A summary of important health news from the past week.
Coffee requires cancer warning, California judge rules
While science is still trying to answer the question of whether or not coffee is bad for your health, one judge has already come to a verdict. Los Angeles Superior Court Judge Elihu Berle ruled that coffee sellers in the state of California should have to post cancer warnings on coffee labels because there is a chemical produced in the bean roasting process that is a known carcinogen.
Genetic mutation linked to sudden infant death, study finds
A new study, published in The Lancet on Wednesday, states that a rare genetic mutation could be linked to sudden infant death syndrome (SIDS). The SCN4A gene is key for normal, infant lung development. Mutations in this gene are connected to multiple genetic neuromuscular disorders, which can lead to spasms of vocal cords and long pauses in breathing. This is the first study to link poor breathing, due to the mutation in the gene, causing weaker breathing muscles, with sudden infant death syndrome.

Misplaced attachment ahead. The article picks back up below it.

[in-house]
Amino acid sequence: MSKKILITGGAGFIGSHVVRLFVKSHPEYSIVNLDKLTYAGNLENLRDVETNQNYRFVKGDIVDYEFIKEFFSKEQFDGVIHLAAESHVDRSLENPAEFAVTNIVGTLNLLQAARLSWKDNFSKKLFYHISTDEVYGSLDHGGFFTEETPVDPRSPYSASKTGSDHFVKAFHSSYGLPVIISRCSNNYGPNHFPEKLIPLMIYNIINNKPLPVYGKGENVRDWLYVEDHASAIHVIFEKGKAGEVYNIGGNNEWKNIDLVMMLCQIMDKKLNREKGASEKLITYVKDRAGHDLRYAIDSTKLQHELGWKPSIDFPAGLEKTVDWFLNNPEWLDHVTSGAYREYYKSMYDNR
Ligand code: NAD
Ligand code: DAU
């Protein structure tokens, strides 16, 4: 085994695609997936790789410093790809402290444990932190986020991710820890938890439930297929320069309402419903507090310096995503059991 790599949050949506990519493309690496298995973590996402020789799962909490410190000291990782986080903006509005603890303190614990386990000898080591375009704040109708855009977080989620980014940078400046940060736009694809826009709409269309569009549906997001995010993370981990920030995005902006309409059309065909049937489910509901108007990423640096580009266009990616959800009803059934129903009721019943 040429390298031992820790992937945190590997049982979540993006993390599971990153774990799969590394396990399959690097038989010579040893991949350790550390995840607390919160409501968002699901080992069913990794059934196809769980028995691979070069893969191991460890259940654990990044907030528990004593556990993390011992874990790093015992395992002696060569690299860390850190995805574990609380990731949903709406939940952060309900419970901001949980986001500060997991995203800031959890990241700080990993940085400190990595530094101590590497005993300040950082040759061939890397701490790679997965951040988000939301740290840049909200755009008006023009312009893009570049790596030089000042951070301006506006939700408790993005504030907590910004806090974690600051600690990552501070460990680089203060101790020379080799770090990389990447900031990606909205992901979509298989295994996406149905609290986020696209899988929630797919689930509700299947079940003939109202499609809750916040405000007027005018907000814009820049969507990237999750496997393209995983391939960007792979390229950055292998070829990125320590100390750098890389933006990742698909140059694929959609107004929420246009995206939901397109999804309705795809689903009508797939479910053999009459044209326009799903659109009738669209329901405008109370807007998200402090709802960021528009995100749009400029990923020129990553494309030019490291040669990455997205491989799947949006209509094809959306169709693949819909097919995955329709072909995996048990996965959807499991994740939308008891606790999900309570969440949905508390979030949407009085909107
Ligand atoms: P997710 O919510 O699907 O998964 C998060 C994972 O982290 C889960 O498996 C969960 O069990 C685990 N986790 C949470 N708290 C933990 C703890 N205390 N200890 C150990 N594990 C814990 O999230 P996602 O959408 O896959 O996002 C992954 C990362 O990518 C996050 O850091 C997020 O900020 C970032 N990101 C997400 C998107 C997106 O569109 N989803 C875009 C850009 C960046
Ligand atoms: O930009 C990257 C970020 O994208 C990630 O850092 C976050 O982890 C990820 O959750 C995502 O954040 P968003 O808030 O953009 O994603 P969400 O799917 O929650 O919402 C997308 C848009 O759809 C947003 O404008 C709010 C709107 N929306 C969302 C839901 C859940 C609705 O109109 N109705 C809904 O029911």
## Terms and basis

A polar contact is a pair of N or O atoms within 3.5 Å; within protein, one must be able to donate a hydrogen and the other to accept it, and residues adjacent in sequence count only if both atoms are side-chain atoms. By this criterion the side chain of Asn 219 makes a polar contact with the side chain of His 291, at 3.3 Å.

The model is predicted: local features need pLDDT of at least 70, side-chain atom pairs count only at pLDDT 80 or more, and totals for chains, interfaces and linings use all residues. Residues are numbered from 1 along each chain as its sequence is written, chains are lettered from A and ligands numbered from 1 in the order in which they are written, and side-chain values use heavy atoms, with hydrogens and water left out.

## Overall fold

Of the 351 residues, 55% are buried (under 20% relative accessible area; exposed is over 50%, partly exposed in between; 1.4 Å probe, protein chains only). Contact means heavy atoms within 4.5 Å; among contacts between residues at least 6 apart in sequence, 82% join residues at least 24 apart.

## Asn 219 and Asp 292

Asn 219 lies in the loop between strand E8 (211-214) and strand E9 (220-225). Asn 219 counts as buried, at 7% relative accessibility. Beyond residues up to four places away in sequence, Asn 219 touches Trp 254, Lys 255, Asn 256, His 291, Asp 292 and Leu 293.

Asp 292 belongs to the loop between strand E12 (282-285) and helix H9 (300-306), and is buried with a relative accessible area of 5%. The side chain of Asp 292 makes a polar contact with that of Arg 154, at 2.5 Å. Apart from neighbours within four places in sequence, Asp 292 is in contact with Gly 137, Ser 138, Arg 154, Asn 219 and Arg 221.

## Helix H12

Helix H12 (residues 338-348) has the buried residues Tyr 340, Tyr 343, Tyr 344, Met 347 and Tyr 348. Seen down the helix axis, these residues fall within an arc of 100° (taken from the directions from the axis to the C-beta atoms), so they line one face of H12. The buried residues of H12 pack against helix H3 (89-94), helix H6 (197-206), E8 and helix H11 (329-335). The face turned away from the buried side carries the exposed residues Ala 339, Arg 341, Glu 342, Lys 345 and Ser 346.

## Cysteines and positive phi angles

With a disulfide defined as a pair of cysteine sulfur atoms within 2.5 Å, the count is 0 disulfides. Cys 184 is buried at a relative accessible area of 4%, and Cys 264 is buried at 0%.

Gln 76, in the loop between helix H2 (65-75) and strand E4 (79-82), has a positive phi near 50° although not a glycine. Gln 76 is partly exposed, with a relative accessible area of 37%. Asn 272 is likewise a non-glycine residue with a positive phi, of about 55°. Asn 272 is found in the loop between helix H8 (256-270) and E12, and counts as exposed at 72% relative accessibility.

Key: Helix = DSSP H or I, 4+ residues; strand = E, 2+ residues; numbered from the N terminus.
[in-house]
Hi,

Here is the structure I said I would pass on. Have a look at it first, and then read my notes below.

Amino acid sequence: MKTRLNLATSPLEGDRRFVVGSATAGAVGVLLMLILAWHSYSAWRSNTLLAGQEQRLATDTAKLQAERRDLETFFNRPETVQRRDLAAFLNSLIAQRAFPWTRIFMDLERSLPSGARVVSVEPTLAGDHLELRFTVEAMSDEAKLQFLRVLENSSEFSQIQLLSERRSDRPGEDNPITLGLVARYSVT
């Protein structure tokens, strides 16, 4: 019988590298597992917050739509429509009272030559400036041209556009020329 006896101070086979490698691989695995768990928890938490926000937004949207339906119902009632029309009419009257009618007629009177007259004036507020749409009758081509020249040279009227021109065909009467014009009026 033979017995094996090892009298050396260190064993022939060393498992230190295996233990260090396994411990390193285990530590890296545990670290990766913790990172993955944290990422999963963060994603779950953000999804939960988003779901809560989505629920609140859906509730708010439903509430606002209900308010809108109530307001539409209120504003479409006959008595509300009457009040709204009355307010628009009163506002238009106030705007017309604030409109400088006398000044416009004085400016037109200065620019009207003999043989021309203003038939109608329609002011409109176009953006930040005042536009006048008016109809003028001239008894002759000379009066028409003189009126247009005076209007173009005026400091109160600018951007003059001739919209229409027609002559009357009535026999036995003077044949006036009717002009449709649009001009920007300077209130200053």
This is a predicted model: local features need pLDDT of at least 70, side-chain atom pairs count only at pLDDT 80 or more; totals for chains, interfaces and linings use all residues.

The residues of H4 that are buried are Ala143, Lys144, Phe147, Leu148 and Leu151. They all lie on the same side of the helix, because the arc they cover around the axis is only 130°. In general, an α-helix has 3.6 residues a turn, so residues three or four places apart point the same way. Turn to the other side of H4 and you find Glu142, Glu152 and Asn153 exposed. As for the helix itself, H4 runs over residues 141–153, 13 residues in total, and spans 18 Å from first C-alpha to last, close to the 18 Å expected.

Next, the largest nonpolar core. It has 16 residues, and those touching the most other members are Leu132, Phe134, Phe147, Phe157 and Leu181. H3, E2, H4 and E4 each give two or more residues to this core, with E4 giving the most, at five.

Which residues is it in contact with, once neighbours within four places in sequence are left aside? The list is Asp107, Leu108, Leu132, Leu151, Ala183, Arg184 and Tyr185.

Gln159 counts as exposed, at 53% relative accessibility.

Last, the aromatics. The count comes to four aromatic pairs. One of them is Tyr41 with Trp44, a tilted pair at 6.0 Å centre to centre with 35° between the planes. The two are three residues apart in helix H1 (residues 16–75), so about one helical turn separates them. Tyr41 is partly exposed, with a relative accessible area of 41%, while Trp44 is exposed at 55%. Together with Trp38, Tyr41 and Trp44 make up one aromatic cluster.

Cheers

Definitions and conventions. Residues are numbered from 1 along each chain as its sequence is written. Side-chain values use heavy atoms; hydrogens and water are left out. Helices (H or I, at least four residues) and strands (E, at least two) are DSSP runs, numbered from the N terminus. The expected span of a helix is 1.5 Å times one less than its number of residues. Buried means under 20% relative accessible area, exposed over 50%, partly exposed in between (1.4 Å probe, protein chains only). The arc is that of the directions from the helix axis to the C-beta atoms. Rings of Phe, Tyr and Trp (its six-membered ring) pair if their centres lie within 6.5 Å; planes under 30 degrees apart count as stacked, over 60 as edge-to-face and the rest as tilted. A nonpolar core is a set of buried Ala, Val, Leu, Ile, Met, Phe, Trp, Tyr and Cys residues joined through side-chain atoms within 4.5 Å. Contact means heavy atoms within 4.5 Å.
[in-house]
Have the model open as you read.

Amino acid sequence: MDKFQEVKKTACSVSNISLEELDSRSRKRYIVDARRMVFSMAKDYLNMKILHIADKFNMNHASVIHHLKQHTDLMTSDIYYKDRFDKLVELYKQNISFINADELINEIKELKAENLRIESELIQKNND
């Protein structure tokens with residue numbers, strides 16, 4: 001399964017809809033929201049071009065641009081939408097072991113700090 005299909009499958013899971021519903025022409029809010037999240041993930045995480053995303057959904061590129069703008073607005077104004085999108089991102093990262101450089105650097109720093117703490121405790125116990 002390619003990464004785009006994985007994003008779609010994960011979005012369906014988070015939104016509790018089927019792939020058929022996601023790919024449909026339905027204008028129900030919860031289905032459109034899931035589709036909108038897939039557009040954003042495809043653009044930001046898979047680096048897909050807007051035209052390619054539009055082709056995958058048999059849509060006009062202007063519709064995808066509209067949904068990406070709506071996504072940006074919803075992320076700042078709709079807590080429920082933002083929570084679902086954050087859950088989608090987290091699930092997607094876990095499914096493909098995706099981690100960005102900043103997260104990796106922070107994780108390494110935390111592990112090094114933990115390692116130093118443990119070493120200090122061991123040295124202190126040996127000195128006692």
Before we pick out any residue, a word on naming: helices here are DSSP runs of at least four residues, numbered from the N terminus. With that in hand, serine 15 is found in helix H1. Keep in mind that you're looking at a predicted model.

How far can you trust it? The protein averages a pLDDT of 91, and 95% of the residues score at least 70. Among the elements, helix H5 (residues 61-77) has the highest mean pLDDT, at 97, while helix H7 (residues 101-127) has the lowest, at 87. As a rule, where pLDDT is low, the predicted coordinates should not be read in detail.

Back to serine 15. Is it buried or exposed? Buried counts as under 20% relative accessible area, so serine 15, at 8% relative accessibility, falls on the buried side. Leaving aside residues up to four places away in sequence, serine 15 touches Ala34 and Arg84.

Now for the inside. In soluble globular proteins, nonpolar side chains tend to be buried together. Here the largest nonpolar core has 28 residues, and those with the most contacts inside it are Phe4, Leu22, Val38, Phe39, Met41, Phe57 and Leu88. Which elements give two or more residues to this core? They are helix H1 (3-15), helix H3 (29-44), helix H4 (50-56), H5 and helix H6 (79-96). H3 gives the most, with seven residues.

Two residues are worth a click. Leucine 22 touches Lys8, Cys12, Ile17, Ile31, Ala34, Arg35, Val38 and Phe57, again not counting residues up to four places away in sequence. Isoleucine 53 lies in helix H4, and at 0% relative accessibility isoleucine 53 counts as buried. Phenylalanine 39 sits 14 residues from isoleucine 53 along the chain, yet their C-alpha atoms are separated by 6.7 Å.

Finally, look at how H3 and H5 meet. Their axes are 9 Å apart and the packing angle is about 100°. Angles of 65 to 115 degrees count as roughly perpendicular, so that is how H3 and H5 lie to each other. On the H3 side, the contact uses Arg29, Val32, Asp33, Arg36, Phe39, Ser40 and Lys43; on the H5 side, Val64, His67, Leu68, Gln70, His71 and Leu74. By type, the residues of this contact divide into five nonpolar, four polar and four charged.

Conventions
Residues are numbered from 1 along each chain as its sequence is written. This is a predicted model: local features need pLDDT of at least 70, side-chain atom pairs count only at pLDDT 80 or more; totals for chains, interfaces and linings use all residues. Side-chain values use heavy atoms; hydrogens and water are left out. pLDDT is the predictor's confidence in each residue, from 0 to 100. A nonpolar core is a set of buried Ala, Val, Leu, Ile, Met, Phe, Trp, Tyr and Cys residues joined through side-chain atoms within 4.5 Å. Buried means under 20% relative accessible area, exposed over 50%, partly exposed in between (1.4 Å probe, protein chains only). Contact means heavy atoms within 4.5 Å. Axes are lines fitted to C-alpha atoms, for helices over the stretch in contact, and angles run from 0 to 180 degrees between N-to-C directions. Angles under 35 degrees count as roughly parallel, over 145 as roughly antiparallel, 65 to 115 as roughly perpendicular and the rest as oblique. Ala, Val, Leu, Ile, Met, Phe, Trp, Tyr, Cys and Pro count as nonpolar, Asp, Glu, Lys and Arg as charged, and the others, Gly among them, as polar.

Without Context Or Cushion, Do Online Medical Results Make Sense?
Patients are increasingly using, and being encouraged to use, online portals to get information about their medical visits, including lab and imaging results and, occasionally, doctor's notes. However, these are often provided without any explanation or context. This means many patients may see test results and not be able to properly interpret them. There are efforts being made to improve the systems, including ensuring physicians see the results before the patient.
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